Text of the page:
Time, not trapping or hunting, may be the key for Nova Scotians to live comfortably with coyotes. That according to Hope for Wildlife director Hope Swinimer, just returned from seeing how Toronto and Chicago deal with urban versions of the animal.
People in those cities were subjected to the eastern migration of coyotes decades before it reached the east coast. Like Nova Scotia’s version, the coyotes in Illinois and Ontario have heavy doses of both dog and wolf genes. However, residents there have learned to comfortably share their environment with coyotes.
According to Swinimer, there has never been a human fatality in Ontario blamed on coyotes, which may contribute to the way people feel about the animal.
“I don’t think that it’s a matter that our coyotes are perceived as a little bit bigger or different,” Swinimer says. “I think the whole issue is that they’ve never had to face a death to a human like we have, and I think that’s why they do have a different attitude about them.”
“They basically treat them like foxes. There have been cases of people getting nips, but never an attack,” she says.
Mixed genes and varying habitat mean there are subtle differences among any pockets of coyotes established across North America. This was explained to Swinimer by biologists in Chicago. That city has an estimated 2,000 of the animal running wild in its urban areas, taking advantage of parks and green spaces and adapting its diet to whatever food is available.
”They said that every coyote in every pocket of North America is different,” says Swinimer. “The ones in Chicago are a tiny bit different than the ones in Nova Scotia, which are a tiny bit different than the ones out west”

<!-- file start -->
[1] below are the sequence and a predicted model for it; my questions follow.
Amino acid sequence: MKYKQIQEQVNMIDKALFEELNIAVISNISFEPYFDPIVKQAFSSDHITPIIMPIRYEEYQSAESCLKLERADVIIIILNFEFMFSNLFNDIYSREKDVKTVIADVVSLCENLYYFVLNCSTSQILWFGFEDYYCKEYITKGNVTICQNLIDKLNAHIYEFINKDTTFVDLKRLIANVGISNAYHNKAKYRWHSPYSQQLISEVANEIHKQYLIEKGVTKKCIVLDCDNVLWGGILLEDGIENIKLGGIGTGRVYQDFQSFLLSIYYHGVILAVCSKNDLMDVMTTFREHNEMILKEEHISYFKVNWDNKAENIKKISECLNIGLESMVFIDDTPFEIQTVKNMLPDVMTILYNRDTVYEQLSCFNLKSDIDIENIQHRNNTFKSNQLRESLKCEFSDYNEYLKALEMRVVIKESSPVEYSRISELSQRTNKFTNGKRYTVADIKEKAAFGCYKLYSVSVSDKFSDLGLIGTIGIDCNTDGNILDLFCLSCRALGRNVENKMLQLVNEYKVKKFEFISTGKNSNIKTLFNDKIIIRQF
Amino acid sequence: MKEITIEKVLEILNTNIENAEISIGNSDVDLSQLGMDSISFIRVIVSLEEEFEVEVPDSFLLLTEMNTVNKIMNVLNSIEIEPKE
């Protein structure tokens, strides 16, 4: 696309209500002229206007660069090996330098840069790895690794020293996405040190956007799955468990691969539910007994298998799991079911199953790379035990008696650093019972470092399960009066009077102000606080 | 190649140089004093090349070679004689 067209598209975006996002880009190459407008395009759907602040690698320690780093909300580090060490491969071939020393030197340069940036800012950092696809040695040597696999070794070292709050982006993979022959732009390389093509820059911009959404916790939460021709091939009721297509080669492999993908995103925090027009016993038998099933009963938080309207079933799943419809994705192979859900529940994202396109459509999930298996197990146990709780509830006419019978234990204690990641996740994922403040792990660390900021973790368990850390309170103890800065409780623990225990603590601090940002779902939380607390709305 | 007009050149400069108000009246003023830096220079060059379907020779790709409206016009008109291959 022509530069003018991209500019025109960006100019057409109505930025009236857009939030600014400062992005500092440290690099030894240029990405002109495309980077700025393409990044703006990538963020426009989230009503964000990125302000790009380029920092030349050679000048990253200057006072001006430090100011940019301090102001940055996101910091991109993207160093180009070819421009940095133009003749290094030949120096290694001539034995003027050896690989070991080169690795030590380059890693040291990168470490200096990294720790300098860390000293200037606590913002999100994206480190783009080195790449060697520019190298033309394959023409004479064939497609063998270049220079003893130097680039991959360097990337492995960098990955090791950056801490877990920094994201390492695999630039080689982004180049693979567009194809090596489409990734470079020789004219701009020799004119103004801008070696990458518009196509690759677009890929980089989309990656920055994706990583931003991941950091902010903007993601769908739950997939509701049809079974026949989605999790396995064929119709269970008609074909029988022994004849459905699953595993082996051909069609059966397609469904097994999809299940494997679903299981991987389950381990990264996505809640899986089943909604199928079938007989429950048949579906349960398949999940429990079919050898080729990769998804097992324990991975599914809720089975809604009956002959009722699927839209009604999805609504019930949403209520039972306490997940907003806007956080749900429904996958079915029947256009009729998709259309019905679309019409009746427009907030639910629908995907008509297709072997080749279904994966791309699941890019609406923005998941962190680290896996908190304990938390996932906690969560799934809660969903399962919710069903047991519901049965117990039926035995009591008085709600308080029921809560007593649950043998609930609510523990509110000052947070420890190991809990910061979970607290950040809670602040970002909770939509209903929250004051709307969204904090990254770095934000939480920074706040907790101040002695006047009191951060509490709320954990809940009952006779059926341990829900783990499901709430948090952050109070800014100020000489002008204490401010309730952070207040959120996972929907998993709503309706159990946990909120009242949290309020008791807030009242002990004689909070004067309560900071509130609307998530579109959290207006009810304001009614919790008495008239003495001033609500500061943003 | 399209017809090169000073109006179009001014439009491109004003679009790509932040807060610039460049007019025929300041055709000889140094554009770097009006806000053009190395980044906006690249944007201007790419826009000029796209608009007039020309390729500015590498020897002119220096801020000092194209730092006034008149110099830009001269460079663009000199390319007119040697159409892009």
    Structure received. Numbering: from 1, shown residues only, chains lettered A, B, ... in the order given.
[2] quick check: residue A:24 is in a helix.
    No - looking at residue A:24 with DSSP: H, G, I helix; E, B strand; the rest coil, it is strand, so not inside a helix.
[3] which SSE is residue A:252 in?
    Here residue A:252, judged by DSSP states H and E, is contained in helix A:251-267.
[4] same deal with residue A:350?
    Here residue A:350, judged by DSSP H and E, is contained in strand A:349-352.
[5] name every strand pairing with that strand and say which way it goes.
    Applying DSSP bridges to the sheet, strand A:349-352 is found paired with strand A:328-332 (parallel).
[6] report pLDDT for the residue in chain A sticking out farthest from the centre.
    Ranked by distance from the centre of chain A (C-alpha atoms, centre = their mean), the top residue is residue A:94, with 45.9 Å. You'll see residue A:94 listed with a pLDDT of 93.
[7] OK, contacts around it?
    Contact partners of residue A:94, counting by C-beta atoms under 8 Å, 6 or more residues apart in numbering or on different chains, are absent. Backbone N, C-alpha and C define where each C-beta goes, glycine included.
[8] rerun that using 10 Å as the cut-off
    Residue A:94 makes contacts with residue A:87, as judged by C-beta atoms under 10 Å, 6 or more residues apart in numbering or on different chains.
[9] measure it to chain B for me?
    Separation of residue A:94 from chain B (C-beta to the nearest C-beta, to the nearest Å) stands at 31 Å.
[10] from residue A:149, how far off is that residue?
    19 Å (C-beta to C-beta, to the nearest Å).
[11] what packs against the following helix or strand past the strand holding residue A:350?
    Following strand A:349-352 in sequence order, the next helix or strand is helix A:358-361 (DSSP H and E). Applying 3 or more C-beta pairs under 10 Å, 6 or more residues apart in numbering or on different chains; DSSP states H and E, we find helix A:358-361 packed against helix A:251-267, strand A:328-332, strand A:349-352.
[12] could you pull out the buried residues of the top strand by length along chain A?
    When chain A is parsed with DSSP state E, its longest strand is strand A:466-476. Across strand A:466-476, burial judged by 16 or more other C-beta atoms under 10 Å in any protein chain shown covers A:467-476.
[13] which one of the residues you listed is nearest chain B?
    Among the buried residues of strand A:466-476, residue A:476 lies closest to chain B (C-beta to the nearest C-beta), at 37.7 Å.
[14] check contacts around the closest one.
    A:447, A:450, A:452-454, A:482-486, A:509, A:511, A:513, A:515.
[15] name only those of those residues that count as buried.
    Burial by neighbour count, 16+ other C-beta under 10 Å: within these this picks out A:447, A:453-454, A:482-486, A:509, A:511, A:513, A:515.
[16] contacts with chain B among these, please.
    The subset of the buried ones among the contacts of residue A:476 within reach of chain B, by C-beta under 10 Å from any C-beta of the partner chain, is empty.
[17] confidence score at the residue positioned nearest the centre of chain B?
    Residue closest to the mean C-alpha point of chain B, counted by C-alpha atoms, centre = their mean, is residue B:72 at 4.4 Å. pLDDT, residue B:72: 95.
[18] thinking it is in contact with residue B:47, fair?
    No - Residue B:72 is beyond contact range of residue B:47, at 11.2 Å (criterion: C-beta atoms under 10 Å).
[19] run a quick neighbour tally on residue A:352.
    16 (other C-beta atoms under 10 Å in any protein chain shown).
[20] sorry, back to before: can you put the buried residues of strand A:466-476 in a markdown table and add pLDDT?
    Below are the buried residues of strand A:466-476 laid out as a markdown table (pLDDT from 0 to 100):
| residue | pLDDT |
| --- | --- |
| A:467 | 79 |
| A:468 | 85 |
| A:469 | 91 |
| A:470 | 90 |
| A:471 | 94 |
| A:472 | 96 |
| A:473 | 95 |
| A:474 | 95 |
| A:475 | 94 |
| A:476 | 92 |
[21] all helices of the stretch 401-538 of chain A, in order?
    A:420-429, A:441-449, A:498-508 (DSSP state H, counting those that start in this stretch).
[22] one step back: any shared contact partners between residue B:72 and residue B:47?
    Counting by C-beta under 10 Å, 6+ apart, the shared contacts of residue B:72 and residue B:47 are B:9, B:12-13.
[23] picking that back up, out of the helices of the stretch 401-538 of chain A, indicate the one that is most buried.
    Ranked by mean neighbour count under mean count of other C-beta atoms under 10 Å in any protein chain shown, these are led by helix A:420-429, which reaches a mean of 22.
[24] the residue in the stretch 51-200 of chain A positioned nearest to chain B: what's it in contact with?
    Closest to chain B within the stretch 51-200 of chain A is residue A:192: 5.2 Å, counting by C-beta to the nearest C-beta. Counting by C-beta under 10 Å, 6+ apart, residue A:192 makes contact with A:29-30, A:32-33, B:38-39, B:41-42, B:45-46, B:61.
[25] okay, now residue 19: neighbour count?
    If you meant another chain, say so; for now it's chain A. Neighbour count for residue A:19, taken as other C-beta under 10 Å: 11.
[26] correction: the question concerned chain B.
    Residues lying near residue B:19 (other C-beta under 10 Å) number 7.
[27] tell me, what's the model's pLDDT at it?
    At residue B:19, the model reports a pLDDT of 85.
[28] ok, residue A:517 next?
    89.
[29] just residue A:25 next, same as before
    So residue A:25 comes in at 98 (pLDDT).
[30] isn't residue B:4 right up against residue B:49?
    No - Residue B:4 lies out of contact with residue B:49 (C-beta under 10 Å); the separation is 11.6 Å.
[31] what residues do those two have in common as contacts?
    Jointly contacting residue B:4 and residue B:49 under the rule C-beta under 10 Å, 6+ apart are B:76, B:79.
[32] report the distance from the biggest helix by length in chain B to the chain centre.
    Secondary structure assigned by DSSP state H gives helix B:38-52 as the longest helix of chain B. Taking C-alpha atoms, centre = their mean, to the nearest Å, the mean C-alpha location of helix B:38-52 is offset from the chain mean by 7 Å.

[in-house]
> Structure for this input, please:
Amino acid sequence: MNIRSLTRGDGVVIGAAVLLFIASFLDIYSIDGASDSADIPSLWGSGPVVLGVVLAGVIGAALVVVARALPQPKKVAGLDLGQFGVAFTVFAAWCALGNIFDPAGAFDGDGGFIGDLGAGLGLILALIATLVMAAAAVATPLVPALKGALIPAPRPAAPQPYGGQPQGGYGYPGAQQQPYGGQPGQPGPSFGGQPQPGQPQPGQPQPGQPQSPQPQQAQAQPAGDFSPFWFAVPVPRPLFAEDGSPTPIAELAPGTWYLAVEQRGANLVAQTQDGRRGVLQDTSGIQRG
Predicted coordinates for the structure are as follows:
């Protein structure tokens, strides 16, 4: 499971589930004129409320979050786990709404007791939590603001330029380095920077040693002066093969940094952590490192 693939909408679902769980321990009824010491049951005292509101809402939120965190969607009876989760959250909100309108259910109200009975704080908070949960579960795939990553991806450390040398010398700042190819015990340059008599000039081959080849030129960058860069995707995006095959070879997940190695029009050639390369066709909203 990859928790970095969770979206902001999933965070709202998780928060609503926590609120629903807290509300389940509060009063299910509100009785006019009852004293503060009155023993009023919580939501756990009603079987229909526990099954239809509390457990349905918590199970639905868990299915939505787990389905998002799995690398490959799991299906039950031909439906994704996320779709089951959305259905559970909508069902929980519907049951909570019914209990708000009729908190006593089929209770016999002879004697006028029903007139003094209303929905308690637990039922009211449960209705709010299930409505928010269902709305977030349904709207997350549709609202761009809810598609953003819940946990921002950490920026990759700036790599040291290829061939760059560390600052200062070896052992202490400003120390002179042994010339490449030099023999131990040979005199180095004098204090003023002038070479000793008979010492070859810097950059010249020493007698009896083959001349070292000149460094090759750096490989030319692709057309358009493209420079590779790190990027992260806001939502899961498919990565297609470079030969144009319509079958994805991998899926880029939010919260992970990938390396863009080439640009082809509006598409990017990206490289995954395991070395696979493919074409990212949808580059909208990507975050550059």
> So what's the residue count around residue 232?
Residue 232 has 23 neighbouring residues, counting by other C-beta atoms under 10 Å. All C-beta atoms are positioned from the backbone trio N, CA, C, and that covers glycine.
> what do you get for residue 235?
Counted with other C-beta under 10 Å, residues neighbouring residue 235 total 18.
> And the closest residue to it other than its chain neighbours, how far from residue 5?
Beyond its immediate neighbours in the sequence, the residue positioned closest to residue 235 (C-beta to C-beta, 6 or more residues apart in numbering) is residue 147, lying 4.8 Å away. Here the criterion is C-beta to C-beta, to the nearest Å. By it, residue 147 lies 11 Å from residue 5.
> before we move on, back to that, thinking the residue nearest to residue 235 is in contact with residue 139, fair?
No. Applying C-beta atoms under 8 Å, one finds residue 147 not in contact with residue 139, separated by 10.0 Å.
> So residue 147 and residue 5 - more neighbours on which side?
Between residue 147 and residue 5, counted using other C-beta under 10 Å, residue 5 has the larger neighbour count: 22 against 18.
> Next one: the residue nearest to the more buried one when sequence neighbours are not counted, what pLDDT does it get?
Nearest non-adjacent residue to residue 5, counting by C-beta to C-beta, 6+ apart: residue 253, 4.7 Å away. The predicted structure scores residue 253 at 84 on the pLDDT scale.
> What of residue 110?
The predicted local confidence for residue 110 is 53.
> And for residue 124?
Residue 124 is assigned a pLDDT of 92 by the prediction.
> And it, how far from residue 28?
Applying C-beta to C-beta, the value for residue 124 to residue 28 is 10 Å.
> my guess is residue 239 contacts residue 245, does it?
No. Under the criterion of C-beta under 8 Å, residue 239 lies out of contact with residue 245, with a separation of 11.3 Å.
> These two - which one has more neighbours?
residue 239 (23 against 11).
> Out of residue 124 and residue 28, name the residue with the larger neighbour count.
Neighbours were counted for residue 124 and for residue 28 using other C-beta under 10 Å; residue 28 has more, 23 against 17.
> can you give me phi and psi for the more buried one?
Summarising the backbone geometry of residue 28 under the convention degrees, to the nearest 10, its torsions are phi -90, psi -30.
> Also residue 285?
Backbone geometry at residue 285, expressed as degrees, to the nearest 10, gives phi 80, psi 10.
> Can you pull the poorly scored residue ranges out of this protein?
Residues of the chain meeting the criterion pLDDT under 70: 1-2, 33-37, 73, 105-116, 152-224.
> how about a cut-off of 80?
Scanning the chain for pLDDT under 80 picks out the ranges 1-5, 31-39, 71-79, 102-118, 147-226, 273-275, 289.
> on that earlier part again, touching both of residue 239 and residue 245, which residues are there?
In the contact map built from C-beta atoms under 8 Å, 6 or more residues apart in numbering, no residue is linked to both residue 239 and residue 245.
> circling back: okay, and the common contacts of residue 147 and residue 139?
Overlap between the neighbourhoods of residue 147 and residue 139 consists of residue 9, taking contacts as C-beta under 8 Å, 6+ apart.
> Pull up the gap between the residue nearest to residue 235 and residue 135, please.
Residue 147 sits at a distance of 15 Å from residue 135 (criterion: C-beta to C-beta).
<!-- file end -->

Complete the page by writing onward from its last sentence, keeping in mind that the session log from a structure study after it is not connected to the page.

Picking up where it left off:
Swinimer and staffer Rebecca Michelin spent time at the Max McGraw Wildlife Foundation in Chicago. Unlike other Hope for Wildlife tours, this visit was to a research facility, not a rescue and rehabilitation centre. It allowed the Nova Scotias to get a different perspective on working with wildlife.
“It was really nice to spend some time with scientists and biologists,” says Swinimer. “All they are paid to do is collect data on the behaviour of the coyote. They say there are issues with the coyote, but no more so than with raccoons or other species of wildlife.”
Michelin and Swinimer spent nights in the field radio-tracking coyotes. Chicago residents were interested in what they were doing, commented on coyote sightings, but showed no major concern for human safety.
Swinimer says the message in Chicago is that coyotes are here to stay and people can learn to live with them. If there is a problem coyote, it can be dealt with, but if a well-behaved animal has included you in its territory, leave it alone. If you remove it, you never know what will take its place.
The wildlife workers in both Toronto and Chicago couldn’t understand the Nova Scotian fear of coyotes. For them, that doesn’t exist.
Ray MacLeod is a freelance outdoors writer and a finalist for this year’s Evelyn Richardson Award for non-fiction writing in Nova Scotia. He lives in Waverley.